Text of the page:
“A lot of times with a high-rise, instead of running wire to each floor, we use busduct, a copper material that can run in one piece from the main service to each floor,” Mr. Simpkins says.

Panel boards or subpanels in each electric room, equipped with switches and circuit-protection devices, distribute power to the separate panels on the floor. Panels with a high voltage, written as 277/480, feed fluorescent lights; motors; and heating, ventilation and air-conditioning (HVAC) systems.

A transformer reduces the voltage to 120/208 volts for the low-voltage panels, which feed receptacles located within outlet boxes and incandescent lighting fixtures.

“Distribution power can be split to general-purpose panel boards, while other uses, such as computers, are segregated into their own panels,” says John “Jack” Thompson, vice president of WFT Engineering Inc., an engineering design firm in Rockville.

The point of power distribution in a single-family home is a 200-amp panel board instead of a switchboard, which can handle 2,000 amps. The standard resident voltage is 110 volts.

“The difference is only in scale and equipment. … There are more loads and larger loads in commercial office buildings than in a house,” says Michael Gentry, senior electrical engineer for WFT Engineering. “Electricity still behaves in the same way.”

Electrical engineers design a building’s electrical system by considering the load, or how much power the building will use, and how the power will be distributed from the switch gear to the panels, says Richard Potts, senior electrical engineer with Clough Harbour & Associates LLP, headquartered in Albany, N.Y. One of its 24 offices is located in Vienna. The load includes lighting, computer equipment and mechanical and electrical equipment, he says.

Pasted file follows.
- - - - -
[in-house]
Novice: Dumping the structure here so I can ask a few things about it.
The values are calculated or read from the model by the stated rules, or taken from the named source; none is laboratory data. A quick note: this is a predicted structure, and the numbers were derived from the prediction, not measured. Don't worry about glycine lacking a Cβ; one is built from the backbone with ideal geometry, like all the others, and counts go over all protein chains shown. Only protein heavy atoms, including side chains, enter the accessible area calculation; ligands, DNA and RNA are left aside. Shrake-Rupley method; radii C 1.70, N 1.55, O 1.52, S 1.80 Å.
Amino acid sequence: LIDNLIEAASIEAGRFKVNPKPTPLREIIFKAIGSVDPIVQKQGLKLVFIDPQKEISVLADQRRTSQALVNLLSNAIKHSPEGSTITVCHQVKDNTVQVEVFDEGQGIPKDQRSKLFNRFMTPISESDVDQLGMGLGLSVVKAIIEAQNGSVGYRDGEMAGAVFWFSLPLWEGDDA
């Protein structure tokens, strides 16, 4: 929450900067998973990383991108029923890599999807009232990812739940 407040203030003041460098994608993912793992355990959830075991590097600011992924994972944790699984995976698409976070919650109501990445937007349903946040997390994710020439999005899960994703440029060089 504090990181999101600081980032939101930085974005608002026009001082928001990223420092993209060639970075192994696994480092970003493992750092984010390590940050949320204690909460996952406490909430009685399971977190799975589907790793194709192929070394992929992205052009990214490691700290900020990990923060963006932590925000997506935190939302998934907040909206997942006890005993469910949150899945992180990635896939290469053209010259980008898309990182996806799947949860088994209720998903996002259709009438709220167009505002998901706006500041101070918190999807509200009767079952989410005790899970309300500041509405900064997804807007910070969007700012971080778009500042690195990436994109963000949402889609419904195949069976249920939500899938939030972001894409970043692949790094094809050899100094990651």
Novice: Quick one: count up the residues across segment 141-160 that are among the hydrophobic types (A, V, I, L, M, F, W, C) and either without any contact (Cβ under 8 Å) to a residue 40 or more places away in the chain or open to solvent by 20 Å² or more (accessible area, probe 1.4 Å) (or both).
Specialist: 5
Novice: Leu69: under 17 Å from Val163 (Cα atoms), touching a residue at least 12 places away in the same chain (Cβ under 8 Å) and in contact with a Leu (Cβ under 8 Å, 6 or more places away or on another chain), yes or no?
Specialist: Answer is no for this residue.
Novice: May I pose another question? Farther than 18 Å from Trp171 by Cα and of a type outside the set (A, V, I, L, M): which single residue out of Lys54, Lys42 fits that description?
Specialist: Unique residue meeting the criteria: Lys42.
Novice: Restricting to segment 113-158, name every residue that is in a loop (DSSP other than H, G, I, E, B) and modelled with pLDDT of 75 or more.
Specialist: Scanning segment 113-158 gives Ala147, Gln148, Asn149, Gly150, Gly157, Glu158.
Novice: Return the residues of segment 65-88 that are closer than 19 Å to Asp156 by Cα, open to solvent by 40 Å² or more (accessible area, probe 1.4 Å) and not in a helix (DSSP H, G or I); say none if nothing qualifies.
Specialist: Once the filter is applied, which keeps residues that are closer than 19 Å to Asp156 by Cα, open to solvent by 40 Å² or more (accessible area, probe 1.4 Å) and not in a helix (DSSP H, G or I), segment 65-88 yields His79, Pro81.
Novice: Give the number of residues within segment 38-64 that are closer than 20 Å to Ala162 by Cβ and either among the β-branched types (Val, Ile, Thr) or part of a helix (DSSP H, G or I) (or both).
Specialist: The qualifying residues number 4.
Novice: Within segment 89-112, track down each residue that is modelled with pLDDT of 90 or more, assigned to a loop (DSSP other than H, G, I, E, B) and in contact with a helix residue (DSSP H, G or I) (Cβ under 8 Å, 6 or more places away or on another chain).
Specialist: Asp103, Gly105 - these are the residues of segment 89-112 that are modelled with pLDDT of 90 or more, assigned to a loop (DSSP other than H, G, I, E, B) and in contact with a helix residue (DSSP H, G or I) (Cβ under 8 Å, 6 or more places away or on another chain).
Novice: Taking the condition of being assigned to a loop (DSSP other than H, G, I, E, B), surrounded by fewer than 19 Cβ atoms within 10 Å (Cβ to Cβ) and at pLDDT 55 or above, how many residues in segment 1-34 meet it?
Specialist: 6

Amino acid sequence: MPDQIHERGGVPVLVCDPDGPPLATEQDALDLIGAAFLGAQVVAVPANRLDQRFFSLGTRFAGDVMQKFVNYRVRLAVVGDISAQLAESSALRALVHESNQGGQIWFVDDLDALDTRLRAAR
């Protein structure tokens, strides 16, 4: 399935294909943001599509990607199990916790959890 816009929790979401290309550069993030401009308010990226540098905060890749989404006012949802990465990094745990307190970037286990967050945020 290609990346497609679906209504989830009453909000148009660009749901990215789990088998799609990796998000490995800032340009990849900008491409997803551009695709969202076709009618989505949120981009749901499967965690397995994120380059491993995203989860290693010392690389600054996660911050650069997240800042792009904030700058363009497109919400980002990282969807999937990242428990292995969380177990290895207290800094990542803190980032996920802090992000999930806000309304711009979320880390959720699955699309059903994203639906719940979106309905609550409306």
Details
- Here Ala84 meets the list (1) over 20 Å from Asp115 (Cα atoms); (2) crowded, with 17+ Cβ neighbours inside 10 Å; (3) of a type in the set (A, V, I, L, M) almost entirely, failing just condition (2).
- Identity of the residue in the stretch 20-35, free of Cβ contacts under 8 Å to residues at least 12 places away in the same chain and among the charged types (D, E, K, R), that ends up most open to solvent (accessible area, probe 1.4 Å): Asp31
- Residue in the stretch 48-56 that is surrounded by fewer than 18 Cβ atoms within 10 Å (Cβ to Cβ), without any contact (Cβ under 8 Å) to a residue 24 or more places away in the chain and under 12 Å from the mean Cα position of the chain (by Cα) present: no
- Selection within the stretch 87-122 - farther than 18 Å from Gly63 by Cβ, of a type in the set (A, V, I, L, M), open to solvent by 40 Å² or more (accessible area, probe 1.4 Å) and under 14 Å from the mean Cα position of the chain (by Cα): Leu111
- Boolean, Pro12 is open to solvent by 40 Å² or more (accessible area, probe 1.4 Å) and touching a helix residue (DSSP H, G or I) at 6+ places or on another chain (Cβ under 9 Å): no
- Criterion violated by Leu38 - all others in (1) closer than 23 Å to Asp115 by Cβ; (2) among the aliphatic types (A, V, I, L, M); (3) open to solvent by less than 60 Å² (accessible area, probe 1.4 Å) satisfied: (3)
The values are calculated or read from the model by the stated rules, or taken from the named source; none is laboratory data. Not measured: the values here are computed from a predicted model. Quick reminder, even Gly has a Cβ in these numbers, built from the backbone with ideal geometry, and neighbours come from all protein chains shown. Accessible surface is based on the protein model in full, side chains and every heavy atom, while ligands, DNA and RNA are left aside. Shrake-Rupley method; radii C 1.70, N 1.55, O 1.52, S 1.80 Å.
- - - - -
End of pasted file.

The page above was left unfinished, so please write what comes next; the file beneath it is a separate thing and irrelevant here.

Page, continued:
“Building owners try to save money. One way is to save costs associated with lights,” Mr. Potts says.

Developers use a variety of light fixtures and systems to save costs, such as motion detectors that respond to movement patterns, panels with time clocks set to predetermined times, and photocells that measure the amount of light, all of which control lighting levels.

“Lighting waste is a huge problem. It’s probably one of the biggest energy wastes out there,” Mr. Gentry says. “Light translates to heat. Unnecessary lighting of a building requires the air-conditioning system to run and consume more energy.”

Electrical engineers work within the developer’s budget, taking into account the building’s planned use and the type of equipment it will contain, Mr. Thompson says. To do so, they use computer-aided design tools, such as AutoCAD, along with their experience, knowledge of local amendments and industry codes, and access to vendor catalogs, he says.

AutoCAD allows an electrical engineering staff to use a computer to draw out and place symbols on architectural plans instead of doing the work by hand. The system has the ability to attribute values to the symbols, allowing for faster calculations.

Once the design is completed, the engineering firm contracted to do the work gives the plans to the developer. The developer, in turn, contracts with a general contractor to build out the architectural designs overlaid with the electrical systems. An electrical contractor or electrician installs those systems.